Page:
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Tuesday, 20 February, 2001, 13:38 GMT
Analysis: Cheaper mortgages for all?
Mortgage payments are the biggest financial burden most people will ever have.
As the money disappears from your account every month, it is easy to forget that this is one transaction in which the consumer can hold the upper hand.
Banks and building societies compete fiercely for new customers, offering cut-price rates to get them to sign up.
As Halifax and Nationwide announce they are cutting their interest rates, it is becoming clear that lenders realise it is not just enough to offer cut price deals for the first few years of a mortgage - most customers now want a good deal for life.
Signing up for life
Taking out a mortgage is a complex process, involving paper work, legal and financial fees.
Traditionally, once people have signed the dotted line, they are reluctant to restart the process and shop around for a better deal when the benefits of the original deal, for example a low interest rate for two years, expire.
But over the past five years, greater awareness of the bargains to be got on the High Street have gone some way to eroding this apathy.
Remortgaging now accounts for about 30% of the overall mortgage market, says Ian Darby, commercial director at John Charcol.
The increase in remortgaging has led banks and building societies to question the way they do business.
"The traditional formula is that you overcharge existing borrowers in order to subsidise cheaper mortages to attract new business," according to Paula John, editor of Your Mortgage.
"It is thousands of pounds by the time you pay for administration, costs of transfer, discounts and cashbacks you have given," he added.
On top of this expense, lenders run the risk of alienating existing borrowers - who often pay a higher rate than the new borrowers - who realise that it may make more sense to get a mortgage elsewhere.
"The amount of remortgage business being done in the market has led to a position where there is too big a gap between new and existing customers' rates," Mr Darby added.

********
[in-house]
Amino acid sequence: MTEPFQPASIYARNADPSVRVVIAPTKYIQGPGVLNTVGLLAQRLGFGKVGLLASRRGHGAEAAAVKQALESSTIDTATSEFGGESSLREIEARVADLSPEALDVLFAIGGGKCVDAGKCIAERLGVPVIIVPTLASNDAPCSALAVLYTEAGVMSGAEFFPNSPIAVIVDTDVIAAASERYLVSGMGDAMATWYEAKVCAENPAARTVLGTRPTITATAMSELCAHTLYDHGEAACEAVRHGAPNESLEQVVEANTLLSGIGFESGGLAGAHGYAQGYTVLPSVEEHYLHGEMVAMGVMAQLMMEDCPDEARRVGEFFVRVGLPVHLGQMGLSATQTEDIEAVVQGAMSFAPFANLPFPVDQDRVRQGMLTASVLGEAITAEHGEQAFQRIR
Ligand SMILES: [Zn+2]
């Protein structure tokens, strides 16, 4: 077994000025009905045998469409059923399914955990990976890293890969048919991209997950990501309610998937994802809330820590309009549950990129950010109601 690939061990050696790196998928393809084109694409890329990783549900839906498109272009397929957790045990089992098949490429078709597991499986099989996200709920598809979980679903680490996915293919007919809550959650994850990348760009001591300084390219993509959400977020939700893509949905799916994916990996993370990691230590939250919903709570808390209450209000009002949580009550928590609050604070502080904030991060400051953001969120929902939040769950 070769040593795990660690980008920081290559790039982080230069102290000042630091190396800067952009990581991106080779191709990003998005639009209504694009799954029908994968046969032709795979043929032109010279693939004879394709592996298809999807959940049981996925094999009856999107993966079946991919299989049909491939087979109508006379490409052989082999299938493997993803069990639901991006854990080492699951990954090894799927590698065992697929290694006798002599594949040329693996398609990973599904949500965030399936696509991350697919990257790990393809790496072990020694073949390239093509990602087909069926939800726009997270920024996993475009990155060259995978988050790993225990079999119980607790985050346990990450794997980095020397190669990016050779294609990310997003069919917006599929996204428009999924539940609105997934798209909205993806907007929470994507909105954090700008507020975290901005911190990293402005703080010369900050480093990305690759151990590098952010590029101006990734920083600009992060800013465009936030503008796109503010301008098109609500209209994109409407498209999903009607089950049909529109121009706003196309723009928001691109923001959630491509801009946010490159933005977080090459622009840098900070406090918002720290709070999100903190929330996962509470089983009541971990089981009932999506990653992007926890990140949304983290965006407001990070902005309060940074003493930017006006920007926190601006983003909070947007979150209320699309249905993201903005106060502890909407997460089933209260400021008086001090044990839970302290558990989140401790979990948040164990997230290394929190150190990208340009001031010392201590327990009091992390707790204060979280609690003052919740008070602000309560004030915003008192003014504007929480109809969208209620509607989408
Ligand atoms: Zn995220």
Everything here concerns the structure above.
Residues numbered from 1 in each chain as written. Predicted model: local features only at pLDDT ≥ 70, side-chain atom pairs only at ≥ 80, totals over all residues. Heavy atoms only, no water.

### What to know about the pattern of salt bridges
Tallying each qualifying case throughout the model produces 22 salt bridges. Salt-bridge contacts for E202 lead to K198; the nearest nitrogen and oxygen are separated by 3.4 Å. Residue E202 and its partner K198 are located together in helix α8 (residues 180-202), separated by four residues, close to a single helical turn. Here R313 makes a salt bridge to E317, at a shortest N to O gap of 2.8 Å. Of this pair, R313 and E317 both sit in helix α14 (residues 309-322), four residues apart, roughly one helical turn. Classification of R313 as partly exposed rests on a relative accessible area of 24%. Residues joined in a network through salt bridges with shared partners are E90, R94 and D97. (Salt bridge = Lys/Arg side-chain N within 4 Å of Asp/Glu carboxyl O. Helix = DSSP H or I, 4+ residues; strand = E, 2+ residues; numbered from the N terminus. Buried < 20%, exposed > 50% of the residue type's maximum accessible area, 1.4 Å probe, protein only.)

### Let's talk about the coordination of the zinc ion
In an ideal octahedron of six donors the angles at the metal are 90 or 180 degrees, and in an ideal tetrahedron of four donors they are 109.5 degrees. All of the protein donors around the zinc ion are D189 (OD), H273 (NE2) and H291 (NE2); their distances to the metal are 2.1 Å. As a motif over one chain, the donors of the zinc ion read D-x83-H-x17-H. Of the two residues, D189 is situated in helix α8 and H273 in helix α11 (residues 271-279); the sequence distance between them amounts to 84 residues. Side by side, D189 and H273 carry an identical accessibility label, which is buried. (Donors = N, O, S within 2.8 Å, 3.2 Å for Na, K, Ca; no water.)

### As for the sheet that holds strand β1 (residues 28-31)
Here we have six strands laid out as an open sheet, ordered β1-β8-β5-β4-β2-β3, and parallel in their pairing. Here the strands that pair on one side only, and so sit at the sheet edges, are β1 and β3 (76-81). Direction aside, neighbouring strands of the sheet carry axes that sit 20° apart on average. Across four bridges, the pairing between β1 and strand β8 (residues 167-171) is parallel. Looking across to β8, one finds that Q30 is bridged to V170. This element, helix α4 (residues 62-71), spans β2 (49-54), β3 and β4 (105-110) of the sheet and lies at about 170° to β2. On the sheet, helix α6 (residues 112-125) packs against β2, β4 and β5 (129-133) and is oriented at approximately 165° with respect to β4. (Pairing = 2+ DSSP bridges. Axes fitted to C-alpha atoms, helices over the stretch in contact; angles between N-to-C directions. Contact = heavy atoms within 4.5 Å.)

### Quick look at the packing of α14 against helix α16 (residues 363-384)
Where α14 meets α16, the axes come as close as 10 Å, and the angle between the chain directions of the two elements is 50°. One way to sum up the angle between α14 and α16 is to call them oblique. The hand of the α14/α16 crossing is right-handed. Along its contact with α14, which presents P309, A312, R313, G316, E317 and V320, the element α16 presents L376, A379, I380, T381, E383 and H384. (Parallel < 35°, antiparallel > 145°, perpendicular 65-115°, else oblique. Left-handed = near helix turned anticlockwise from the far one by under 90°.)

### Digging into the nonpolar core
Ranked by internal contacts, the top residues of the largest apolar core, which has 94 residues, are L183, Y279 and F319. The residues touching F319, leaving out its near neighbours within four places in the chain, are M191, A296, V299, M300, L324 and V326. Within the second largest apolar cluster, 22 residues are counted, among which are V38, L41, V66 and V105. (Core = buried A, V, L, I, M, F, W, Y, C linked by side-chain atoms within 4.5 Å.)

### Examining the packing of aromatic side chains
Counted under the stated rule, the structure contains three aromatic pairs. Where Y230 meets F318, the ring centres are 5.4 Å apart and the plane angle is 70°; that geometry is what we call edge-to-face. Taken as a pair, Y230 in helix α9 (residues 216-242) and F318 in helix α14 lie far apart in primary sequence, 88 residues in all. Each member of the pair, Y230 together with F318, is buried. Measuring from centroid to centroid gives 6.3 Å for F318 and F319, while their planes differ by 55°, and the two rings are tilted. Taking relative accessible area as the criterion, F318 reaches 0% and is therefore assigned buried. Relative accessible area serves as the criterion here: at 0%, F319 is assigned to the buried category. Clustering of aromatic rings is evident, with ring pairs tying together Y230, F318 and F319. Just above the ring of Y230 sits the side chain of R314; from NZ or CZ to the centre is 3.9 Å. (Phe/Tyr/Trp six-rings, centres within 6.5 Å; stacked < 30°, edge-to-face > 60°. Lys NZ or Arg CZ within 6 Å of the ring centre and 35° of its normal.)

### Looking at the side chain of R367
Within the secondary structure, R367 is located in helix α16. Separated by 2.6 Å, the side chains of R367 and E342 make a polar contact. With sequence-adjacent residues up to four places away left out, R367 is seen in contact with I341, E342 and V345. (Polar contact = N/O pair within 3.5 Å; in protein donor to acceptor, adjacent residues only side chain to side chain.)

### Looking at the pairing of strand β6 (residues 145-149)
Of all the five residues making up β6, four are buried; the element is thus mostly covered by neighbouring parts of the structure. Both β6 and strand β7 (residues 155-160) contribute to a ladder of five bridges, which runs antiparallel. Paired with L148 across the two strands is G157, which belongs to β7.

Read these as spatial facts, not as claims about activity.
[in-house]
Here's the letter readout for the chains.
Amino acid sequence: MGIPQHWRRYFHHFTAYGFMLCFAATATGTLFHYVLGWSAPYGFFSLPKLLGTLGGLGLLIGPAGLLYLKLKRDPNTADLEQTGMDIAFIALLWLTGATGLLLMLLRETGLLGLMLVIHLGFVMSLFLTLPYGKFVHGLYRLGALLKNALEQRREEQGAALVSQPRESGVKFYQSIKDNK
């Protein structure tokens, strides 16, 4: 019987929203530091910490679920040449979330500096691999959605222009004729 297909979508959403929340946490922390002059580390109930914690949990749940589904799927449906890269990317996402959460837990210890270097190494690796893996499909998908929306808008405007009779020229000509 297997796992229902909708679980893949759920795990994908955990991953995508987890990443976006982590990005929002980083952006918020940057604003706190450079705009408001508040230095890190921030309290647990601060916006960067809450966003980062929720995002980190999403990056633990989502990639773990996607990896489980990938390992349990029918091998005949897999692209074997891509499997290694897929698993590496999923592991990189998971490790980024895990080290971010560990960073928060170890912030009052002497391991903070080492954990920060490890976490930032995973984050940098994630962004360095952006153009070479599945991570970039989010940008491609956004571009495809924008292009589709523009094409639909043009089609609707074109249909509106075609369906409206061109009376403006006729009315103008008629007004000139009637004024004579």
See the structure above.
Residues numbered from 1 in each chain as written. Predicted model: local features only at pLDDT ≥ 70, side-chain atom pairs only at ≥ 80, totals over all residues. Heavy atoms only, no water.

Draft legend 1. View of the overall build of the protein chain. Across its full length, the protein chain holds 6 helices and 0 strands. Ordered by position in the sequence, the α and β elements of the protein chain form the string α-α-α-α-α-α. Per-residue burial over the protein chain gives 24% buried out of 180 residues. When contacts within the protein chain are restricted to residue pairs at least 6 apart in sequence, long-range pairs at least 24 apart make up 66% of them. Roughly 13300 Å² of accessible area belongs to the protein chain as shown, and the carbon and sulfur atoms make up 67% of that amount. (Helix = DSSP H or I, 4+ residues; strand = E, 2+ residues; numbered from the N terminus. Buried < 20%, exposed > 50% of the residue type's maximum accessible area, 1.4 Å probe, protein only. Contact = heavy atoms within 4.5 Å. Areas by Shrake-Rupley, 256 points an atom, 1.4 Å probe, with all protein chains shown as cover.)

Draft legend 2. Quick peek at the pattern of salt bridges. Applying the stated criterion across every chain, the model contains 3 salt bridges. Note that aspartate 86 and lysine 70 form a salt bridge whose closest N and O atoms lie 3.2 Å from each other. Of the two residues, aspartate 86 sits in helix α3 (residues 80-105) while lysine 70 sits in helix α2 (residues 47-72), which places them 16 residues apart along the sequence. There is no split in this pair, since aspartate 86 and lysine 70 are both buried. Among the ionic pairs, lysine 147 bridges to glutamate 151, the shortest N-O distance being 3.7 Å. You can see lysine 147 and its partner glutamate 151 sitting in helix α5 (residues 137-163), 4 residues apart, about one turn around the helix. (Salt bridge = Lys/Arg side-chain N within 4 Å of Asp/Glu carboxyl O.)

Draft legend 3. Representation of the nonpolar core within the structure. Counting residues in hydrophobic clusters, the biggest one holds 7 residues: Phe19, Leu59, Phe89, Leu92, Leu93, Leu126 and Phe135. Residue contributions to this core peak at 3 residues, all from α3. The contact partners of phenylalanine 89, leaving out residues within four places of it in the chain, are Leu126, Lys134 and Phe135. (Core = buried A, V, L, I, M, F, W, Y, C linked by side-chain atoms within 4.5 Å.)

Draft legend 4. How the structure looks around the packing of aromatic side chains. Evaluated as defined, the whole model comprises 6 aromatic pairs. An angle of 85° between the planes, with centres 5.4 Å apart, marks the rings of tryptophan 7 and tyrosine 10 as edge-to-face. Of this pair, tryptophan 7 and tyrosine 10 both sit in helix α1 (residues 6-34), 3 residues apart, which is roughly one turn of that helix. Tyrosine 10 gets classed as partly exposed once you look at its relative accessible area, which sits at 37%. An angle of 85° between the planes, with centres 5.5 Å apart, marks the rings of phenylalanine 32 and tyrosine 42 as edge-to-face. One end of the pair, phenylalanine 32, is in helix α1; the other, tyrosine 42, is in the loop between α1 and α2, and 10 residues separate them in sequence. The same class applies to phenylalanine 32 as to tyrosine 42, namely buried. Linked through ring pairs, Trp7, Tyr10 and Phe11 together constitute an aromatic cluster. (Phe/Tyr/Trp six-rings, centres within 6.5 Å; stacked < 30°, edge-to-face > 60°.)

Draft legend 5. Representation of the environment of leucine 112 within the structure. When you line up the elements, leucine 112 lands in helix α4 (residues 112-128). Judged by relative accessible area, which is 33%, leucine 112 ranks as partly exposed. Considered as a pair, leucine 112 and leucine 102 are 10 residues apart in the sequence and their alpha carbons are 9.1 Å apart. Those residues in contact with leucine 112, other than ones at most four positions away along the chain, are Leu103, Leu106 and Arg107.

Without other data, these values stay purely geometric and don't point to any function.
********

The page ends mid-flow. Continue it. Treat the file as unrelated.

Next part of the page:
Mind the mortgage gap
It has been becoming increasingly clear that the old model doesn't work as well as it used to.
Hence on Monday, the Nationwide building society said that it would drop its standard variable rate from 7.09% to 6.49%.
It also said it would scrap discounted mortgages for new lenders.
On Tuesday, Halifax also said that it would offer more favourable terms for existing as well as new lenders.
The Halifax mortgage product, to be launched in March, will be priced at one percentage point above the Bank of England's base rate.
Its rate would therefore stand at 6.75% if UK rates stay unchanged, compared with its existing rate of 7.5%.
Remortgaging will still continue to make sense as many smaller building societies offer more competitive rates than either the Halifax or the Nationwide.
"Mortgage borrowers are notorious for being apathetic... there are cheaper deals available than the variable rate mortgages. More than 50% of mortgages borrowers are on variable rate. If you are on one of those, you should shop around," Your Mortgage's Paula John said.
But there is no doubt, according to John Charcol's Ian Darby that Halifax and Nationwide moves will "for a lot of people, [mean] a lot more money in their pockets".
But it is as yet unclear if other mortage lenders will follow suit.
One expert believes that building societies will come under greater pressure than banks to cut rates, so they can continue to trumpet the benefits of mutuality.
Good news for shares?
While it may be good news for customers, bank shareholders may not be rejoicing.
Halifax is the most widely held shares in the country.
In the immediate aftermath of the Halifax share decision, shares in Halifax fell 22p to 686p.
Shares in Alliance & Leicester, Lloyds, Abbey National all followed suit.
This drop highlights what some observers see as the advantages of taking out your mortgage with a building society.
Banks make money by getting more from their mortgage repayments than they pay to their savers, so cheaper deals for borrowers could be bad news for the bottom line.
"The Nationwide is tangibly demonstrating the benefits of mutuality... the Halifax will be gritting its teeth over this move," said Ms John.
What Halifax will be hoping is that its long term growth rate will be helped by the move.
Halifax did see its profits jump 7%, but its rate of growth was still slower than Abbey National, which saw its profits rise 11%.
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